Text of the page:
I've been ignoring the internet for the past few days because I've been too busy eating, drinking, and opening presents. So I'll wish everyone a belated Merry Christmas now, or whatever holiday you celebrate: Hannukah, Kwanzaa, Saturnalia—for all those ancient Romans out there (since I studied Latin for eight years, I consider myself an honorary ancient Roman)— or nothing at all.
Although I was trying to ignore the outside world, it did manage to briefly track me down. A reporter from the Washington Post
called to talk about the case of fraudulent cloning research
in South Korea that's been making headlines. Here's what I said (that made it into the article):
The stem cell case has parallels with some earlier hoaxes, according to Alex Boese, who studies and writes about such cases. In the Piltdown man claim, for example, the British researchers may have been motivated in part by national pride. "At the time, it was assumed that whatever country discovered the missing link would be the root of mankind," Boese said. "Maybe in this case South Koreans wanted to prove their scientific credentials."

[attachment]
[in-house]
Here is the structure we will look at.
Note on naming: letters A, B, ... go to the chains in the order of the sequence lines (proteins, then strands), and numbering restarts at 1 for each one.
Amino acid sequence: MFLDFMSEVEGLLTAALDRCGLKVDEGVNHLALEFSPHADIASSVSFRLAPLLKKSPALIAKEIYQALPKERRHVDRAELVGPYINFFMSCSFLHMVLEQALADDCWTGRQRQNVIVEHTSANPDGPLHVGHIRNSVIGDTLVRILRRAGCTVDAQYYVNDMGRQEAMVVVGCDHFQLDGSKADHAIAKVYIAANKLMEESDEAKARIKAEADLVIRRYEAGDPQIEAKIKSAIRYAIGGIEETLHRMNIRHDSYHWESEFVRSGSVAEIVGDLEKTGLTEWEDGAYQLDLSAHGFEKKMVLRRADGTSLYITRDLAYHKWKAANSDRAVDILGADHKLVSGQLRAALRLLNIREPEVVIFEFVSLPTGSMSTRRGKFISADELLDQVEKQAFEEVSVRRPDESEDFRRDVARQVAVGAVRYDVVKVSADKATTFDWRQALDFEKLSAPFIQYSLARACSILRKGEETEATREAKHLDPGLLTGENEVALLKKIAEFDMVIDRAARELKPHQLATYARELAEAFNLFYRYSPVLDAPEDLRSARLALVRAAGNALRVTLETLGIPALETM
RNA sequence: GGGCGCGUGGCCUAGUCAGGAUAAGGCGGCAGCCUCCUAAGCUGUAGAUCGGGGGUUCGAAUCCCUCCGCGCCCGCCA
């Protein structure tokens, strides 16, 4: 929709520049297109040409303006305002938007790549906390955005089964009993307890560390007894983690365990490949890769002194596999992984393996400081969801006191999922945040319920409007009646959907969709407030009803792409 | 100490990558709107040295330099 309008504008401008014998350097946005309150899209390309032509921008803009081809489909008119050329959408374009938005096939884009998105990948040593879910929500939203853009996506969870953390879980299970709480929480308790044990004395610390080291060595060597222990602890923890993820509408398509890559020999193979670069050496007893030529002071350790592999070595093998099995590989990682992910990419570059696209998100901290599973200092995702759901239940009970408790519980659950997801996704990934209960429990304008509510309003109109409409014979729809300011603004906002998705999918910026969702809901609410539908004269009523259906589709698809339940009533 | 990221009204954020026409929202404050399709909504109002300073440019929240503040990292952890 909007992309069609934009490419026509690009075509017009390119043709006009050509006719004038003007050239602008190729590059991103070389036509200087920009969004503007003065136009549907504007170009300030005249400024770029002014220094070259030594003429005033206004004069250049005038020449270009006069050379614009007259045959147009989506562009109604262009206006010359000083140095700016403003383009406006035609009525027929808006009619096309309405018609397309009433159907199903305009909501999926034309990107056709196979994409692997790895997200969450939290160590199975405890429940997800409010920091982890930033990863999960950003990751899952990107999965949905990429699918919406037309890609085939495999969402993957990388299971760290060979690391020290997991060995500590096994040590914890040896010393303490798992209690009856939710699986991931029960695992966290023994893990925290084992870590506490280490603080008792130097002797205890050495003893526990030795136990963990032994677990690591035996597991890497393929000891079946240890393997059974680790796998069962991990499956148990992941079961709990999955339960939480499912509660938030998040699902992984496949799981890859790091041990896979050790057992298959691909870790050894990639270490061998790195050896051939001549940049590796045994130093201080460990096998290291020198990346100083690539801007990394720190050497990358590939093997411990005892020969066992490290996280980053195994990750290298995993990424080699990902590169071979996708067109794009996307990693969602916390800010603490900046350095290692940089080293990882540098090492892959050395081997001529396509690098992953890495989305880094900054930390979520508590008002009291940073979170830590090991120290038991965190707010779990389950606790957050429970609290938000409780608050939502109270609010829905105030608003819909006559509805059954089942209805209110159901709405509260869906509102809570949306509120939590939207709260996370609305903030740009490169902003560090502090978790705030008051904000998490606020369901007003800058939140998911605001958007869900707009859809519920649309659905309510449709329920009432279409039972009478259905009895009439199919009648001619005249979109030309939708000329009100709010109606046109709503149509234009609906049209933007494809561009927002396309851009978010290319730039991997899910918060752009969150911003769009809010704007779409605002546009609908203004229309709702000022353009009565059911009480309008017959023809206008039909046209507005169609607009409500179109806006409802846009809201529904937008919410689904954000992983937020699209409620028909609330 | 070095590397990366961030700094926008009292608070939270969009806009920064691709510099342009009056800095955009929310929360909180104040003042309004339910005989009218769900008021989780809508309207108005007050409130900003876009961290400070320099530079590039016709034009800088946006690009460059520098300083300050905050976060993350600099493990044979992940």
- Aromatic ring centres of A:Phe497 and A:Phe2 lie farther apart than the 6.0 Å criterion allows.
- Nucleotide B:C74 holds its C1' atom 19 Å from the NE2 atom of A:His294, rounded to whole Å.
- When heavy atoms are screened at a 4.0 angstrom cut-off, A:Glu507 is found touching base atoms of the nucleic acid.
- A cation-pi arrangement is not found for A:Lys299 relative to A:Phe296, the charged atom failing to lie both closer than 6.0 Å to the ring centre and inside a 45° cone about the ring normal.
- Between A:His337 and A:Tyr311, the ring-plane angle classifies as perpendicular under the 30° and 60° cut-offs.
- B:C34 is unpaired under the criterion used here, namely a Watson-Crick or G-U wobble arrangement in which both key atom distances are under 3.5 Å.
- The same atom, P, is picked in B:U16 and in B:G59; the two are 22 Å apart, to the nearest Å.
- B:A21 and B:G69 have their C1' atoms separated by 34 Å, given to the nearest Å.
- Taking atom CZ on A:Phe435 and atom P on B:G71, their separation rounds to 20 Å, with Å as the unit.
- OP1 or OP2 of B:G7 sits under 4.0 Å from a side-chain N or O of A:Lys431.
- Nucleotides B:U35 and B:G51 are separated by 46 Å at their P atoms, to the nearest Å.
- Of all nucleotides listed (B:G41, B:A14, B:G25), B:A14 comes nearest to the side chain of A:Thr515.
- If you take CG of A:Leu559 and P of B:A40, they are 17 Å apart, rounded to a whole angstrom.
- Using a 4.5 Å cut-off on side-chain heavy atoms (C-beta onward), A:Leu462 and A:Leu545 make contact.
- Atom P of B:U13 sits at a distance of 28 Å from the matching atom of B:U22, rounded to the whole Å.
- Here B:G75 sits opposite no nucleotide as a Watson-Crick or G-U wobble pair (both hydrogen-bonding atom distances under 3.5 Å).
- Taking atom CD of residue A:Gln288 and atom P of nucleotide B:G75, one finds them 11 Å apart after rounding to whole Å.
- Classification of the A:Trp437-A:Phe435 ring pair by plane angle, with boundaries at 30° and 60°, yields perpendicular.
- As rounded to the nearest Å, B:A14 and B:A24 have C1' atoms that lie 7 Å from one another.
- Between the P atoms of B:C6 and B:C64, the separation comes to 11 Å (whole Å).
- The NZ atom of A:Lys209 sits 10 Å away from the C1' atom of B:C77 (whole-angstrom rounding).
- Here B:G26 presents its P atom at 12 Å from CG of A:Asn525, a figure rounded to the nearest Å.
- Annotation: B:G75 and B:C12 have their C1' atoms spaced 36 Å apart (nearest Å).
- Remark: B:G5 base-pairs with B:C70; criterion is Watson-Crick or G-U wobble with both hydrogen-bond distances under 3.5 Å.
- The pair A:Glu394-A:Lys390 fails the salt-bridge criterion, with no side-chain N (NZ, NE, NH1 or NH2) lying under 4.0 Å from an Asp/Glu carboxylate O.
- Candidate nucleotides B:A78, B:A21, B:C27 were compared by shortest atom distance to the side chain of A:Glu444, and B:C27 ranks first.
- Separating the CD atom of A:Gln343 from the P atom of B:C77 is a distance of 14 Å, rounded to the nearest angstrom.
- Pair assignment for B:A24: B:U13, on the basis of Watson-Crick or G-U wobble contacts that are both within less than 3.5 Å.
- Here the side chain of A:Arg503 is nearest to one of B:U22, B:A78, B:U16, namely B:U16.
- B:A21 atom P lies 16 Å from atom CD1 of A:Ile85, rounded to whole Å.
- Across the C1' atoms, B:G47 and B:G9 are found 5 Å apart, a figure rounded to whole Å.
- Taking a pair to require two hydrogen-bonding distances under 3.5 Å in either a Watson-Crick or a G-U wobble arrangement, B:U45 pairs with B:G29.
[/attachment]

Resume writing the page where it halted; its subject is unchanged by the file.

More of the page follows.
I'm putting together a list of the top ten hoaxes of 2005, which I hope to have posted by Jan. 1. I think the South Korean cloning case deserves a place on the list. Another contender is the Kodee hoax (which I never posted anything about at the time because I was too busy finishing my book), in which the Southern Illinois University student paper invented an elaborate story about an 8-year-old girl, Kodee, struggling with her father being overseas in Iraq. If you have any other suggestions for hoaxes that should make the top ten list, let me know.